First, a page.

a pair of long-discussed private developer housing projects were again endorsed for further review at Whistler's May 5 council meeting—and both look much different than in prior proposals.
Both projects—one at 2077 Garibaldi Way in Nordic and one at 7104 Nancy Greene Dr. in White Gold—should be familiar to Whistler council watchers, as they've made multiple appearances on the agenda since first being submitted under housing guidelines for private developers in late 2017.
The project at 2077 Garibaldi Way has been controversial from the start, amassing a mountain of opposition letters at municipal hall from nearby neighbours.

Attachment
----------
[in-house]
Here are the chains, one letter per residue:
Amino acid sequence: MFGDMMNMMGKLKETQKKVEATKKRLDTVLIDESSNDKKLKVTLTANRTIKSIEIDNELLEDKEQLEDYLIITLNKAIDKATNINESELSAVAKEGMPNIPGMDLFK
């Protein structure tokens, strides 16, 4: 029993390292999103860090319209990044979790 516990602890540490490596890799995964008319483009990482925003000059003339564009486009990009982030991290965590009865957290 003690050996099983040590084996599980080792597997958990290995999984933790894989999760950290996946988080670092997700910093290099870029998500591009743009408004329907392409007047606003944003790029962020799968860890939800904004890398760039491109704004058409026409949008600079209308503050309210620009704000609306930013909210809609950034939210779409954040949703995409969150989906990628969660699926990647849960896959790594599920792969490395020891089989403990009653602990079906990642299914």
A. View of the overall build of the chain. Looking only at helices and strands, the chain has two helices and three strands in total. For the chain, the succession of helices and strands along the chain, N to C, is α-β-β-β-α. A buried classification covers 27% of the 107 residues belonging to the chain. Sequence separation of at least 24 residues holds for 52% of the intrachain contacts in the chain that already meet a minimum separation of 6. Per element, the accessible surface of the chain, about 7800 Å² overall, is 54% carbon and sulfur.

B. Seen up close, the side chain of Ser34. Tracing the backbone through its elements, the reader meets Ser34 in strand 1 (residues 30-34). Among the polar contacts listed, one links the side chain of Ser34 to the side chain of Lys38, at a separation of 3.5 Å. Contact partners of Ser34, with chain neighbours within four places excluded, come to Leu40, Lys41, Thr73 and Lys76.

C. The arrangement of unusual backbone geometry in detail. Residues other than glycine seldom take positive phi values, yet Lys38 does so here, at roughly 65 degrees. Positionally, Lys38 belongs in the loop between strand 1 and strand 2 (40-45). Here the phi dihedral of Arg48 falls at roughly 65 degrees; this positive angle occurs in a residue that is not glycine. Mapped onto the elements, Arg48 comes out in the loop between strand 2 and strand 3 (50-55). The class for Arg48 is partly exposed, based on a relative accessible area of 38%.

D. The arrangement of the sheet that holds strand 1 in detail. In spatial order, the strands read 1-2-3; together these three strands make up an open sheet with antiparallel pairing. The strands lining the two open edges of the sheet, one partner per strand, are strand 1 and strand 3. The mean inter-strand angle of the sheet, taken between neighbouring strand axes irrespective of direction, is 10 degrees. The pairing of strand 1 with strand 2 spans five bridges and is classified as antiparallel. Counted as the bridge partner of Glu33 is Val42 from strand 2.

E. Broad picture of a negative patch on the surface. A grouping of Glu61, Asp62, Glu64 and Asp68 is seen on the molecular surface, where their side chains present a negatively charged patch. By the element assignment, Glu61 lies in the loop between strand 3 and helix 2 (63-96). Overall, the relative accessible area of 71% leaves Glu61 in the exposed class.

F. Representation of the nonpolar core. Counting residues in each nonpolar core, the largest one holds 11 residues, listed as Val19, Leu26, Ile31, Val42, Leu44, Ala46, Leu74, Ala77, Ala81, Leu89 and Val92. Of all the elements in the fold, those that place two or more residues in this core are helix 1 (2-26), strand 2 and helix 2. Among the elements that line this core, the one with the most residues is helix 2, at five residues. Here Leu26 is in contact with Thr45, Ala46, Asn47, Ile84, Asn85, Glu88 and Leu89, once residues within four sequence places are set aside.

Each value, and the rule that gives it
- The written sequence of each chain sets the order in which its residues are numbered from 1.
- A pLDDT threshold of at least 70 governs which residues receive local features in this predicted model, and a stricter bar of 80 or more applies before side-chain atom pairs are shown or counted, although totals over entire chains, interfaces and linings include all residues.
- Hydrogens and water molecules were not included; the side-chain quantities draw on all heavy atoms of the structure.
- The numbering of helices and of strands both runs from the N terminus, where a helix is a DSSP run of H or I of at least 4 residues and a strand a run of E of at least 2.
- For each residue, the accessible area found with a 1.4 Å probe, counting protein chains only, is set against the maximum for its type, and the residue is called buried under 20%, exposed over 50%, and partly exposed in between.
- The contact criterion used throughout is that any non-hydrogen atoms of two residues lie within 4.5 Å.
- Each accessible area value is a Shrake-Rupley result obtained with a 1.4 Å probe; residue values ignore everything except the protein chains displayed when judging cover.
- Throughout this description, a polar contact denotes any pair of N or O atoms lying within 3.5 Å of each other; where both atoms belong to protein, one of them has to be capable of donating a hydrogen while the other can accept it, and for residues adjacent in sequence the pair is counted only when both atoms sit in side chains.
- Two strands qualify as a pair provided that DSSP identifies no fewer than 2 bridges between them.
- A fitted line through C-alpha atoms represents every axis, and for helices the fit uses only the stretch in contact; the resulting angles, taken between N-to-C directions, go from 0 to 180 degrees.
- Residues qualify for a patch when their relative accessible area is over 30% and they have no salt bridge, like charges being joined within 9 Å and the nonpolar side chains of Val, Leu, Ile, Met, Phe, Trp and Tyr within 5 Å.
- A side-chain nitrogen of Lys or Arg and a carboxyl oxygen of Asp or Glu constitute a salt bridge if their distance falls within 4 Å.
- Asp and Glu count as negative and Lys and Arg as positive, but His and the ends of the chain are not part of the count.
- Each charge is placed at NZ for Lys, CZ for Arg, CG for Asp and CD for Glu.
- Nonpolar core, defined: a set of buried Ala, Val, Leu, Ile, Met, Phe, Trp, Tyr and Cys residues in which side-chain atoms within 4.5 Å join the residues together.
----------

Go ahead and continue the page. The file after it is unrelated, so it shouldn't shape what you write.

But proponents hope significant revisions to the project will make it work in the neighbourhood.
The updated application proposes 20 units in four buildings (two seven-plexes and two triplexes)—down from 74 units in the first proposal, and 48 in the second.
Further, the proposal has changed from 100-per-cent employee housing to a mix of market and employee (14 Whistler Housing Authority units, to be sold through the waitlist, and six market), from rental to ownership, and from apartment buildings to townhouses.
The proponent is now seeking 74 bed units (down from 222 and 144).
"We reviewed the extensive feedback received from the planning staff, Advisory Design Panel and public on our previous two rental building proposals and engaged a small group of Nordic community members to determine if we could align the interests of the neighbourhood and the community's need for employee housing within the new guidelines," said proponent Dave Brownlie, who is working with developer Robert Velenosi on the project, in an email.